A speedy return of Libyan oil output to pre-war levels is facing new obstacles as foreign firms struggle to negotiate who will provide security for workers vulnerable to attacks in the desert and in cities bristling with weapons.

The largest contractors working on Libya's oil fields say most foreign companies still have no timeframe in place for returning evacuated staff, and few have volunteered to return.

Libya, holder of Africa's largest oil reserves, is currently pumping around 500,000 barrels per day and industry sources doubt it can quickly triple output to pre-war levels, which represented around 2 percent of global oil consumption.

Foreigners are not coming back any time soon. At the moment we are planning with a Libyan workforce, with the exception of a few expats who have opted to come back, said a manager at one of Libya's largest oil services companies.

Before the war, foreign workers, many with crucial expertise, made up as much as a quarter of the staff at some oil services companies.

Not only foreigners but some locals with expertise are also unwilling to return to the fields without a substantial pay rise or are demanding a change in management, industry sources say.

Foreign oil workers want protection by Western companies, believing they will provide better security. They are also reluctant to wait for the government to provide the troops required to secure vast and remote outposts in a process they say could take months.

The companies we all speak with say they are insisting on having their own security that is up to Western standards, and this is a requirement for doing business, said a western security contractor.

But Libya's National Oil Corp. (NOC) and ruling National Transitional Council (NTC) are opposed to letting foreigners add to the array of fractious and heavily armed forces keeping the country under control.

The NTC does not want expats used as security forces in the field, but more in a training role, said Chris Penketh, a UK-based consultant for the oil and gas industry, in Benghazi.

Before there was no real market for international security companies - oil and gas operations here had armed guards but they were Libyan military or local oil company employees.

The oil service company manager said he did not expect a significant number of foreigners back before March 2012 at the earliest.


Adding to the difficulty of assessing the threat to workers and who should provide security, firms are wrangling over the costs of guarding vast stretches of desert and face demands from skilled workers for more money to return to vulnerable areas.

Negotiations can be frustrating and last for weeks.

Some companies say they are resigned to covering the bulk of the extra expenses in post-war Libya, at least until an army is assembled and deployed to oil fields.

Contractors coming from abroad are asking for more, for their firms and their workers, with rises of 30-50 percent, said one contractor for a major oil firm.

But Libyans are totally unreceptive to the need to increase pay and the increase has to be entirely absorbed by the foreign party, he added.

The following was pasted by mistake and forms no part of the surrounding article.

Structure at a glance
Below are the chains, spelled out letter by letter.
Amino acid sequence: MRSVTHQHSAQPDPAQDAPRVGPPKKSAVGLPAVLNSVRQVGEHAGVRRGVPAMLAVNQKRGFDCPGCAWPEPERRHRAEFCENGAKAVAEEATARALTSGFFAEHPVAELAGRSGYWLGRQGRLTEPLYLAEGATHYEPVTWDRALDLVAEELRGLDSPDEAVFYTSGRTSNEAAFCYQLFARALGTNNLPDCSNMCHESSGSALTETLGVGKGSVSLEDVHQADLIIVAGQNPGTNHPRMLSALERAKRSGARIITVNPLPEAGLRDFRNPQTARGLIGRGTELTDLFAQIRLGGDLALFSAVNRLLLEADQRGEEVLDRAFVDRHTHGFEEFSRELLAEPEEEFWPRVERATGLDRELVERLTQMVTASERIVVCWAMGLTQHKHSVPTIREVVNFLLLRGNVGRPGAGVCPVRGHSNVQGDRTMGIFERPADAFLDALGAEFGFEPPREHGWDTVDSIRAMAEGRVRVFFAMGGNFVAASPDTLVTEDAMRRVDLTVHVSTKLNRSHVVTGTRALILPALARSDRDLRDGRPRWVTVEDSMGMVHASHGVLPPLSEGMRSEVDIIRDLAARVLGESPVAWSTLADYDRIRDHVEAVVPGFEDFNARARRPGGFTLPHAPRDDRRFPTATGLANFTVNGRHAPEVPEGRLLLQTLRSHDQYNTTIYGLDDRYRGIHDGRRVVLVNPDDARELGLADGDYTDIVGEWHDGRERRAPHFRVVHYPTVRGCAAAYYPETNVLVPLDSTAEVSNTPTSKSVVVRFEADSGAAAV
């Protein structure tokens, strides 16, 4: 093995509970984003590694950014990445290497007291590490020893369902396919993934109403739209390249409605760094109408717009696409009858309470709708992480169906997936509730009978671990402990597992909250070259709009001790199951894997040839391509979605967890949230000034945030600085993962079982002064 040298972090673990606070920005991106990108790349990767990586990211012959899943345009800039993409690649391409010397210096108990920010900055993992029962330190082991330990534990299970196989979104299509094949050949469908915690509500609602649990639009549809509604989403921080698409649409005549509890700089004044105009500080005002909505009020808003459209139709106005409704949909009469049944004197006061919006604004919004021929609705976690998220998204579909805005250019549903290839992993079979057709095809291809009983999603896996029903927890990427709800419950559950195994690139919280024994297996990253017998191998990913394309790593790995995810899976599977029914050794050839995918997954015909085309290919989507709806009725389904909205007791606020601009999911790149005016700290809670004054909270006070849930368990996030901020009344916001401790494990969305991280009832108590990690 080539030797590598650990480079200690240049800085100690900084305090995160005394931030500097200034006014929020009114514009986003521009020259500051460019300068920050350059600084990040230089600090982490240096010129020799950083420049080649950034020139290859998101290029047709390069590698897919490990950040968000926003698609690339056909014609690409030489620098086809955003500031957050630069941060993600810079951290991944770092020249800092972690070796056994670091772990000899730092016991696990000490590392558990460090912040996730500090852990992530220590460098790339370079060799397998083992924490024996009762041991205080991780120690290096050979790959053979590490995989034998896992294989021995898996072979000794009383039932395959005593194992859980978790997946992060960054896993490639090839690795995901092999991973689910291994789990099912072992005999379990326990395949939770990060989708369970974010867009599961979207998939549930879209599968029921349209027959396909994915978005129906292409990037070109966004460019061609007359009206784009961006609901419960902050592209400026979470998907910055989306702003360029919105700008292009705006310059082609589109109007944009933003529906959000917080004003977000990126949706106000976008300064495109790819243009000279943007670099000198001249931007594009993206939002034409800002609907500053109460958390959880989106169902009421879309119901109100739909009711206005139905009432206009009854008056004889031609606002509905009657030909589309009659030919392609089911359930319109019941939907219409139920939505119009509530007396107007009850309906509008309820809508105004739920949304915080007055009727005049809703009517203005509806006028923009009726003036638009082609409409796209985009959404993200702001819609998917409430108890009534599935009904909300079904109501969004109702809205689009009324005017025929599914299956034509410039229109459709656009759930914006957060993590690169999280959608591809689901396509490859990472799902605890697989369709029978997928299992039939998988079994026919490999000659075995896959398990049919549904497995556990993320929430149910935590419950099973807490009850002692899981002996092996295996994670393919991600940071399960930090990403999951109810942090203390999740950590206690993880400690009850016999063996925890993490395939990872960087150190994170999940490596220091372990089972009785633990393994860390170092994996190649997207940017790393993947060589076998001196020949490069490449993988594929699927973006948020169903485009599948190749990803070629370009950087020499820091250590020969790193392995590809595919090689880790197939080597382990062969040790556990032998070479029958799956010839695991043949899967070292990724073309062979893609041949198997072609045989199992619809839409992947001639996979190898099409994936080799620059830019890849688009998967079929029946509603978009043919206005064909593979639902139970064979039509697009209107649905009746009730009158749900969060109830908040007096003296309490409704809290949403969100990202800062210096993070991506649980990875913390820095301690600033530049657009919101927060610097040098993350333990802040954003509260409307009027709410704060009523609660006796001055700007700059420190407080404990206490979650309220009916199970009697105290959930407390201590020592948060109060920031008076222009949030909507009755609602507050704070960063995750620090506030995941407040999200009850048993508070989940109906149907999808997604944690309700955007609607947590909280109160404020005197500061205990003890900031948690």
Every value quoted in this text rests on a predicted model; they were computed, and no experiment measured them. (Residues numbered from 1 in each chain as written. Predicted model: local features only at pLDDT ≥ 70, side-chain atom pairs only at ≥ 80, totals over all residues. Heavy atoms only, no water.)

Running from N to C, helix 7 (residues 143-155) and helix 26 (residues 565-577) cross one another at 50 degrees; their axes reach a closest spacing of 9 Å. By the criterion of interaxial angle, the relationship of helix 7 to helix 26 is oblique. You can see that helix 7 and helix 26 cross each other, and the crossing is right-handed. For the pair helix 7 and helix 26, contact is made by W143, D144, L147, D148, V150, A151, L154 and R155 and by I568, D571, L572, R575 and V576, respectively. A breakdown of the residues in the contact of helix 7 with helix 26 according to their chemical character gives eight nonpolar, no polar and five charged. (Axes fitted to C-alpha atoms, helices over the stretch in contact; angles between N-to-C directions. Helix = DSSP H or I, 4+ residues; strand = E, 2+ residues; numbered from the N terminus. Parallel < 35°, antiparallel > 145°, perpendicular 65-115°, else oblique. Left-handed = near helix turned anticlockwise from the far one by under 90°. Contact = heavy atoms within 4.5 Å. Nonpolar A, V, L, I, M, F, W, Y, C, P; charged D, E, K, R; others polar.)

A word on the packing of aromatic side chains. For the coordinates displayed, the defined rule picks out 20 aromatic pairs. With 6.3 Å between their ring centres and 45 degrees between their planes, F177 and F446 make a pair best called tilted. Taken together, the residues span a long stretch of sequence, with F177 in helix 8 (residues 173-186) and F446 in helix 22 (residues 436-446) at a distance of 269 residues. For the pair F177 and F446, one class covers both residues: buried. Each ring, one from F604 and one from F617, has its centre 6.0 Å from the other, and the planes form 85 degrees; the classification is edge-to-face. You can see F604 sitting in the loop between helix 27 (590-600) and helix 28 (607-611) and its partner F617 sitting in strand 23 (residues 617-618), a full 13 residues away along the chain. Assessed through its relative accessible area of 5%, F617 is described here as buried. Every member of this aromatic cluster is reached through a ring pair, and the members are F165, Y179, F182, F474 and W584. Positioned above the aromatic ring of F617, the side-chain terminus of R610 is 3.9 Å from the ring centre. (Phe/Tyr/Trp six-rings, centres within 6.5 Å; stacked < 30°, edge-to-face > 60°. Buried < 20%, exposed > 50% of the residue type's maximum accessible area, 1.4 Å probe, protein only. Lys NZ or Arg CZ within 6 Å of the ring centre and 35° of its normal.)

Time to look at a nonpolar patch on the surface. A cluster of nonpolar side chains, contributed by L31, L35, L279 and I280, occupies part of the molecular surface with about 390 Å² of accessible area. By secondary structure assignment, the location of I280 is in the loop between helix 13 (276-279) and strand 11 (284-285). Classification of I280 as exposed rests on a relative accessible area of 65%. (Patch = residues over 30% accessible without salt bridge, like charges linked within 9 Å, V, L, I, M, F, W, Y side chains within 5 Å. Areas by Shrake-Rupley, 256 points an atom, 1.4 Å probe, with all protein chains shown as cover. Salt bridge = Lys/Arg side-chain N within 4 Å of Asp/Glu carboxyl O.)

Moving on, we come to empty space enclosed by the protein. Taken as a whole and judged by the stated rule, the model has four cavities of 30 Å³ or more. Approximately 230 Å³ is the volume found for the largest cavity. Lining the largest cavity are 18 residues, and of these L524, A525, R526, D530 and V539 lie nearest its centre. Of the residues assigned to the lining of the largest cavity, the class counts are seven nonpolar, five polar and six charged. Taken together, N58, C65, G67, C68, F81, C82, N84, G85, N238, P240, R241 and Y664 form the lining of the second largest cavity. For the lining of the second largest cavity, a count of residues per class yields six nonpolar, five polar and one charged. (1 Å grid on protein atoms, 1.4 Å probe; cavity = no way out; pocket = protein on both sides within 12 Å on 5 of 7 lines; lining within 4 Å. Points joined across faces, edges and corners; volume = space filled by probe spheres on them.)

He said that Germany's Wintershall had already agreed to wage increases, while others including Italy's Eni were engaged in endless discussions over the terms of reactivated contracts.

Others appear to have found the procedure more harmonious and another manager at a major oil services company said the security cost issue had so far been an area where his firm was able to find a compromise with the Libyans.

We say we cannot put our staff in danger, but the result will vary by agreement and volume of work, he said.

Even when both parties are cooperative, the scale of operations, which require assessing numerous and vast fields across remote parts of Libya's desert, will take a long time.

In the west of the country and in areas south of Mesla the majority of sites have yet to be checked.

We can start in places that require less security, some fields are in very remote places and huge and that will take more time, the manager said.


Another worry is that tribal allegiances may endanger oil workers associated with one particular faction securing a site.

Actual security could also be a problem, particularly if the local security teams are too closely associated with one regional brigade or another. It's possible that the security teams will be dragged into the regional recriminations that are reverberating throughout the country said risk consultant Geoff D. Porter .

And the possibility of the country relapsing into war is also deterring oil companies from committing to the expensive process of sending back foreigners, and eventually their families.

They need to make laws and put security in place, and I'm talking about security in general. Like in cities full of guns, the last thing that we want is a stray bullet killing one of our employees, said the manager at one of Libya's largest oil services companies.

Oil fields may be prime targets for guerrilla-style attacks, but rival military groups screeching through towns are still a worry in Libya and oil companies are struggling to cope with it.

A London-based oil trader visiting Tripoli this week was prepared to give up on a meeting with new Libyan oil managers after the entrance to a government building was blocked by a convoy of chaotic fighters flashing AK-47 rifles.

Perhaps we should just leave, he suggested.

(Reporting by Jessica Donati; Additional reporting by Brian Rohan in Benghazi; editing by Jason Neely and Anthony Barker)